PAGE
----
There's a few reasons why a tomato plant won't flower.
When temperatures rise above 85 to 90 degrees F (depending on humidity) during the day and 75 degrees F at night, pollen will become unviable. Humidity can also come into play. In the extreme humid regions of the U.S., pollen may become so sticky that it does not fall.
On the other end of the spectrum, in the arid regions, pollen may become so dry that it does not stick to the female part of the flower. Many gardeners try to gently shake the plant to encourage pollination, but a lot of times it is just not going to work.
So the short answer is if it is too humid, too hot (above 85 degrees F), or too dry, the plant cannot pollinate itself, so it no longer produces flowers.
It is recommended to continue to keep the plant healthy and change up the environment a bit, either move it to a less hot area, or if you live somewhere humid, you can try to place the plant in the same room as a dehumidifier, and if you live somewhere arid, have a humidifier in the same room as the plant.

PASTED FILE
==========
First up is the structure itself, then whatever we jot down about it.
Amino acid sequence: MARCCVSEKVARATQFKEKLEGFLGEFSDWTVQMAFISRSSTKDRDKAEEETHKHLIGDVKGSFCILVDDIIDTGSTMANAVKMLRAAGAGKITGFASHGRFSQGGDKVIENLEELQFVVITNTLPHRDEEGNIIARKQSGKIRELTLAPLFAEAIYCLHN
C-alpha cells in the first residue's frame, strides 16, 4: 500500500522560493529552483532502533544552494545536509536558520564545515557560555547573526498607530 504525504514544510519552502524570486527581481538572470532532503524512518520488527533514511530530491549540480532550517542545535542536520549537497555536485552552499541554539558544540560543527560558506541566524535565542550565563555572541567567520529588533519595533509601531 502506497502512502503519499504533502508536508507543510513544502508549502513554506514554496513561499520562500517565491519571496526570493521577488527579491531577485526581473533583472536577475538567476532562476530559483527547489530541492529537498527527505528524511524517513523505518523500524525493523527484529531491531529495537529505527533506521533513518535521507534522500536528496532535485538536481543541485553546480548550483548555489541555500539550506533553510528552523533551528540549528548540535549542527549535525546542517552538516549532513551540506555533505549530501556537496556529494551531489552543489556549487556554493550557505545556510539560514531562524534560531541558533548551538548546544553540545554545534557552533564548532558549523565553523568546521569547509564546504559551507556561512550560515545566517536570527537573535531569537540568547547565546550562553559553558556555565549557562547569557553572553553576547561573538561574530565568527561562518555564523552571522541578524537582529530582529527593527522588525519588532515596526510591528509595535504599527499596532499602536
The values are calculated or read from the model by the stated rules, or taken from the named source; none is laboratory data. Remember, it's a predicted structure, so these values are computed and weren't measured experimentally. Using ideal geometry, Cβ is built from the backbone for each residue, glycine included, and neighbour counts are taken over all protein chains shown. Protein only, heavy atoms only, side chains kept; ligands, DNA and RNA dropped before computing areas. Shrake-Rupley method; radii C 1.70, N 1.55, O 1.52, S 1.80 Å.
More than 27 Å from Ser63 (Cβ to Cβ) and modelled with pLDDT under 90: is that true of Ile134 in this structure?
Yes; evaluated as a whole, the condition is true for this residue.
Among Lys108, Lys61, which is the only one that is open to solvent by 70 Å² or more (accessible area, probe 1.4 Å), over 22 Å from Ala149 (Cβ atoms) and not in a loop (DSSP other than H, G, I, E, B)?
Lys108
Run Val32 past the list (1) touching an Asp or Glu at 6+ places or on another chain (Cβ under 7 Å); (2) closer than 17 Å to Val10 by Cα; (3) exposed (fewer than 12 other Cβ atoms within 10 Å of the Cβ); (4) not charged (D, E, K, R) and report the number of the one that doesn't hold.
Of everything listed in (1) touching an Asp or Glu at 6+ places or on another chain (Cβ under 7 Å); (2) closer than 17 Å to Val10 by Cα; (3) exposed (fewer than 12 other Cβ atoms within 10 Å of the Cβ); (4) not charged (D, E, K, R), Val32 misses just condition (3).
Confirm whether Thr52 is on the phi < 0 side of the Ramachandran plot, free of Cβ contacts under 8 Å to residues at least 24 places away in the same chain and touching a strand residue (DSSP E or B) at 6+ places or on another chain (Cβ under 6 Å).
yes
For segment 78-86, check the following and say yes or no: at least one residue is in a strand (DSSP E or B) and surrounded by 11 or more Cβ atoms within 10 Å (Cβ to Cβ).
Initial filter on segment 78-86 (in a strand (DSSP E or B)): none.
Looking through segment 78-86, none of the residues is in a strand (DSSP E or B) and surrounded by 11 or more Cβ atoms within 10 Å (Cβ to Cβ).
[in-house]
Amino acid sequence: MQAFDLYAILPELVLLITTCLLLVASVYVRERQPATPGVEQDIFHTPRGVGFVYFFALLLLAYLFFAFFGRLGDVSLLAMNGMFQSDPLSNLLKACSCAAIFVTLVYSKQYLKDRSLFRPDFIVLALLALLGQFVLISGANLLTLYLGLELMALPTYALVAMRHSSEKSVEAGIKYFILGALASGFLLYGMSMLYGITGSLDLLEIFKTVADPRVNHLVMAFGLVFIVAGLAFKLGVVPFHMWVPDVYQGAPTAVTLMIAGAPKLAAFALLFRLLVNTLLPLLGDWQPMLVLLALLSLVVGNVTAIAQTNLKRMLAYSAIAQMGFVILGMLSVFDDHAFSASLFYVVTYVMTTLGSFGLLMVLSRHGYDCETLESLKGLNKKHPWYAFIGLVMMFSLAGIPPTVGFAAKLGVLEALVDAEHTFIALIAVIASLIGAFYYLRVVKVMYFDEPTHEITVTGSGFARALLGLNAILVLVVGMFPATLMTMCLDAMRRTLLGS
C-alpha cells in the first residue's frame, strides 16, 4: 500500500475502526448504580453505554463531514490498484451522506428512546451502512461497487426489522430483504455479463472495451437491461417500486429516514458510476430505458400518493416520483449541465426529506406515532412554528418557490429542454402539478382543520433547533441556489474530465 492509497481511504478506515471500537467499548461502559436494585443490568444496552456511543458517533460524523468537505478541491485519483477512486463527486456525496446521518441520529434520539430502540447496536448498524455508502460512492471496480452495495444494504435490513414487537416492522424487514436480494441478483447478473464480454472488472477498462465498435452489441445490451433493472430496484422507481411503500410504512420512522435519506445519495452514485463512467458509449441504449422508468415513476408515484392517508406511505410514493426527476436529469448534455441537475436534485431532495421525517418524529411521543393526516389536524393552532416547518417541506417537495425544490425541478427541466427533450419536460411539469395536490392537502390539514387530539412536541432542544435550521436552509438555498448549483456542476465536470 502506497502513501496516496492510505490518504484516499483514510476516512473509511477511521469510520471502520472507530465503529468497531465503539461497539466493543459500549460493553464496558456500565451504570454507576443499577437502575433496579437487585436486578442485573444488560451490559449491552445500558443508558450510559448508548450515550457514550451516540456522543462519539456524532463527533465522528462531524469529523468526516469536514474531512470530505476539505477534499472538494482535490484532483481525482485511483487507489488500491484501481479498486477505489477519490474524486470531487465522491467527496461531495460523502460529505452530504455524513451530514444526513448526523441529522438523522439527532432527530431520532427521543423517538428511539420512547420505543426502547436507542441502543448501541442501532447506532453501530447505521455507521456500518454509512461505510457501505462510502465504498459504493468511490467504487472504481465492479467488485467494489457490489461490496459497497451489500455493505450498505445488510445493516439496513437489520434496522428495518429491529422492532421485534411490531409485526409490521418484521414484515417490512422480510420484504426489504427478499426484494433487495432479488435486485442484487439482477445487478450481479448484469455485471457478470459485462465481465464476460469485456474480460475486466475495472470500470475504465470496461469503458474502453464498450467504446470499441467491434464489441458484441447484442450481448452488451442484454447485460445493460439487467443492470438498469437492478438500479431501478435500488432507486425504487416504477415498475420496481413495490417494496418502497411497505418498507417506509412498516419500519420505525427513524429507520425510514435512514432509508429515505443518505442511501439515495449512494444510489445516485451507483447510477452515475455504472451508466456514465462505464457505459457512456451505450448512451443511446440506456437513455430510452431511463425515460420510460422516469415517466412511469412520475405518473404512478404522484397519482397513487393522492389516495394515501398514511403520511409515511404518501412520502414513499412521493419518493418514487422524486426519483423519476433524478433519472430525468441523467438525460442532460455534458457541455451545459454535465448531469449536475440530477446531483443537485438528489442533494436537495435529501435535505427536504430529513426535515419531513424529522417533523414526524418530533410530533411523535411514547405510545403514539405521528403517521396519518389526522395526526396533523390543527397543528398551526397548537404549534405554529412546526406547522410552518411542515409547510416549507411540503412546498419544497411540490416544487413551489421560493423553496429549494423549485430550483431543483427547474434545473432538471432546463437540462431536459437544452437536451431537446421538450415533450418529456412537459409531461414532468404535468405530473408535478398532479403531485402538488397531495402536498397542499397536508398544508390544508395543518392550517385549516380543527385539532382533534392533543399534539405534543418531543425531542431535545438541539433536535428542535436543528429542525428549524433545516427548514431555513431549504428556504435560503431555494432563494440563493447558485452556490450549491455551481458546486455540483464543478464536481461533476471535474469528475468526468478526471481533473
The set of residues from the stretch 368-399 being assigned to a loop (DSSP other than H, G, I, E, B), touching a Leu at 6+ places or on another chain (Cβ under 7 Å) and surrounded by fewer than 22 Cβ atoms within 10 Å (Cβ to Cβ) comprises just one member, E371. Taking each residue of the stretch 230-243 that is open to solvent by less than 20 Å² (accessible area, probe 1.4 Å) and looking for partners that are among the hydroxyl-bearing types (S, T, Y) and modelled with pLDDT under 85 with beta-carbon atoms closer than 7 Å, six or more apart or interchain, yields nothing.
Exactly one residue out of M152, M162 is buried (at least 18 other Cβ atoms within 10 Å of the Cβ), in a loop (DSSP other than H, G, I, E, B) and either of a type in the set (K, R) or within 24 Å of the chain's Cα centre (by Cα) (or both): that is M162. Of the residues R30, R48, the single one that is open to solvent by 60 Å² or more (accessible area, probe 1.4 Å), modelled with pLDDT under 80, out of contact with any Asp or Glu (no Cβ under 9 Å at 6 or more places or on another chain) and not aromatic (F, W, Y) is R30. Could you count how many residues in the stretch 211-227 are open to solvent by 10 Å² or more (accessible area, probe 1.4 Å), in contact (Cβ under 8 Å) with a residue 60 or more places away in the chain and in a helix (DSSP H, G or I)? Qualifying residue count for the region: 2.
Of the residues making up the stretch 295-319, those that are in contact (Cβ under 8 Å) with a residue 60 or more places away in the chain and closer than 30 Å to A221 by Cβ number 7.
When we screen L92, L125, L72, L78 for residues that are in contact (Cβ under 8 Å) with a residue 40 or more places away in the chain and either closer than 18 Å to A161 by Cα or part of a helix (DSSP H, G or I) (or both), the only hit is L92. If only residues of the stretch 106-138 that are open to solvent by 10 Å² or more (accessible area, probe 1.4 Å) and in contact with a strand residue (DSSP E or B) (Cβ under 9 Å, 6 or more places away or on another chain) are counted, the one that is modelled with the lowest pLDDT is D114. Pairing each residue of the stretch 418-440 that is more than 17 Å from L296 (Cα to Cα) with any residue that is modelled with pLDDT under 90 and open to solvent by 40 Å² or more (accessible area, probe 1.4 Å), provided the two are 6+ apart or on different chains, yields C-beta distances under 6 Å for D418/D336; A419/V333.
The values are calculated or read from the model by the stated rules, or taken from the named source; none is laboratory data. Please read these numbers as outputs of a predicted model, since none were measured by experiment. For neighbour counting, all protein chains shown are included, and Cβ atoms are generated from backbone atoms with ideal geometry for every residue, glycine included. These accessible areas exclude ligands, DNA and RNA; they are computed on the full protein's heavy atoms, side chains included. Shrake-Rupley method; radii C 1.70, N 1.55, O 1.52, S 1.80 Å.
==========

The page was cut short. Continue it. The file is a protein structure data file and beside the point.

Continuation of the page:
Another reason tomatoes won't grow flowers is because the conditions are too good. Maturity occurs when the tomato is stressed (by virtue of a lot of sunlight or dry soil). If the conditions are low stress(consistent moisture and less sunlight), it will take longer to mature and the plant will put all of it's energy towards foliage growth instead of reproduction.
I suggest changing up the environment -- perhaps moving it outside -- to stress it out a little and activate flowering.
Hope this helps and let us know how these suggestions work out for you!